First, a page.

The reason so much acting on television is painfully dull is the actors haven't committed, body and soul, to one specific thing, i.e., an urgent, visual need which must be fulfilled by the person across from them at the murder scene or in the bedroom or on the roller coaster at Coney Island (a rather underrated spectacle, if you have yet to see it).

If the actors commit to one specific need, if they employ the act of specificity, their performance will be impossible to turn away from. Doesn't matter one smidge if their choice is the wrong choice; it's the fact they made a clear choice and by God they are going to stick by it come hell or high water.

I mulled over the classic definition of 'specificity' (see the handy-dandy header) and was drawn over and over to the analogy of antibody and antigen. I am inferring my own meaning (which I'm fairly certain is correct), but I feel most would find it hard pressed to deny the act of employing specificity (i.e., 'antibody') will result in a cure for any annoying physical or metaphysical malaise (the 'antigen').

Oh dear, what does this have to do with cooking? A great deal, you will see, but the farther reaching implications are always of a personal nature. We are a very predictable species. Unless an outside tragedy forces us into a sudden bought of self-awareness, most of us prefer to putter along silently, hoping Life will work itself out, the clouds will part, the rains will vanish and the most beautiful rainbow we have ever seen will rise into the sky like a phoenix searching for her elusive and highly sought after perch.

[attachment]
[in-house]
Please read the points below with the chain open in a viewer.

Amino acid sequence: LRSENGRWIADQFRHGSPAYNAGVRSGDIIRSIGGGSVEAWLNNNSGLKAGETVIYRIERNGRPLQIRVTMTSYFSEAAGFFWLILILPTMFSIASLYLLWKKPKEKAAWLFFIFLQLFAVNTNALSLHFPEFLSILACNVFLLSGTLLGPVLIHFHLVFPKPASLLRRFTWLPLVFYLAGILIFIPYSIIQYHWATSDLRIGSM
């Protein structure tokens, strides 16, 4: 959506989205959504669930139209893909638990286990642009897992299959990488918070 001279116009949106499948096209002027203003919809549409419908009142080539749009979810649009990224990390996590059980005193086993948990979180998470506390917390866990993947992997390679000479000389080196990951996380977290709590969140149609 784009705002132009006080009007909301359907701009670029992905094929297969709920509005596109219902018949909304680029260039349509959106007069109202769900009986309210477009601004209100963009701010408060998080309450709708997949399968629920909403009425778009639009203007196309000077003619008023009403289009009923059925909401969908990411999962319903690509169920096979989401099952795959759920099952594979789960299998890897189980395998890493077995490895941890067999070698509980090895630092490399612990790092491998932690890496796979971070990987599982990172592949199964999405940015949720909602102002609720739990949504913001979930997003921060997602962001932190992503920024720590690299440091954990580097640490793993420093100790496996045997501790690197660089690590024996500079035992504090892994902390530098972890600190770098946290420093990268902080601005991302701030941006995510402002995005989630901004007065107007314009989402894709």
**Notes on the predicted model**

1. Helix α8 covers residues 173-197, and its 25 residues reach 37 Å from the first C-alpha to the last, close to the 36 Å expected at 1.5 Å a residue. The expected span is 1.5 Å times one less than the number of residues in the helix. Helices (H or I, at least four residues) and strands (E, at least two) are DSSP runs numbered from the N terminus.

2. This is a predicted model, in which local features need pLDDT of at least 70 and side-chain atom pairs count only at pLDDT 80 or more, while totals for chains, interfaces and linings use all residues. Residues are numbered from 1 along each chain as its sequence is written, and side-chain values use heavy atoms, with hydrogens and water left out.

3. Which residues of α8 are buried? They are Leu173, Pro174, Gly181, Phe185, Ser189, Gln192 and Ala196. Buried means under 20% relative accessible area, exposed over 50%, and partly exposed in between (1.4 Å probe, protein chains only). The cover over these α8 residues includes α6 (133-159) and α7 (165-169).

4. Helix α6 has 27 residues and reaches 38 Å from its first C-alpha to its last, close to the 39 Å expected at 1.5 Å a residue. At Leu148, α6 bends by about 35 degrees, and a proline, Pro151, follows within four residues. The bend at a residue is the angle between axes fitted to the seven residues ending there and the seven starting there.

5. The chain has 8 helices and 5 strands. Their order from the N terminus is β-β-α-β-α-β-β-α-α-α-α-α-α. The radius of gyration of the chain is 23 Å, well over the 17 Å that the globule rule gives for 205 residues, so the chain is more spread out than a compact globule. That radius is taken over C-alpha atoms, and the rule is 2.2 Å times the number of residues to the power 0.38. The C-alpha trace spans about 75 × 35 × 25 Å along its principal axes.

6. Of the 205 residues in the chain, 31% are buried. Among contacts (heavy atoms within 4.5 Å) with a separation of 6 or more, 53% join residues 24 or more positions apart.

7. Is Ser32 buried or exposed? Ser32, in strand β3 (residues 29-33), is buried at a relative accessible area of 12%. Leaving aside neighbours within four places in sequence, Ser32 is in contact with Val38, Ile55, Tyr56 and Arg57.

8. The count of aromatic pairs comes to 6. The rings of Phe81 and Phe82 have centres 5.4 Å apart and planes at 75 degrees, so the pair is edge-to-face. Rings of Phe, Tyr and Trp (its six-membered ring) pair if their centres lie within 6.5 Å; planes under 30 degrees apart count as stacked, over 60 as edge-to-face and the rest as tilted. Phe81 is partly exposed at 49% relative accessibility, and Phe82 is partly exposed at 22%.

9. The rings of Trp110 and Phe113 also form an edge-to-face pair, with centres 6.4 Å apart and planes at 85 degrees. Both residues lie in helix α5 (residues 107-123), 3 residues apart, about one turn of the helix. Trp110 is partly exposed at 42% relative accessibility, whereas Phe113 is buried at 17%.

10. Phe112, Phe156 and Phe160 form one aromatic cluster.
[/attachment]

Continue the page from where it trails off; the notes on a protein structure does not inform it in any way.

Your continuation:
This rarely happens. What happens is we feel pain, we cannot take the inner pain anymore, so we reluctantly admit something has gotta give.

Psychics have told me over the years, "Make sure and be very clear when you ask the Universe to give you something. Be very, very clear." I always interpreted this as meaning the Universe is overloaded, like a massive switchboard from the 40's when Manhattan was Manhattan without all the piss on the streets. They were saying it helps be clear.

Acting teachers have leaned over me on tiny stages for years, spittle gathering in the corners of their clenched lips, repeating again and again until their faces resembled mid-August beefsteak tomatoes, "Be on point! Be true to what you want. Get what you want no matter what."

University writing teachers have begrudgingly handed me short stories and scripts, red editing marks on the page like the face of some poor, unsuspecting New England kid who didn't mean to kiss Sue (but he did), despite the small pox warnings, resulting in him sitting in bed for weeks on end watching flaccid acting with flaccid narratives -- these university teachers would exhale as if the act of speaking was the height of physical exhaustion as they said, "You didn't raise the stakes. You didn't make me care. You didn't commit, but your funny, I will say that, but painfully too relaxed in your prose. Read Faulkner. Tonight. I beg you."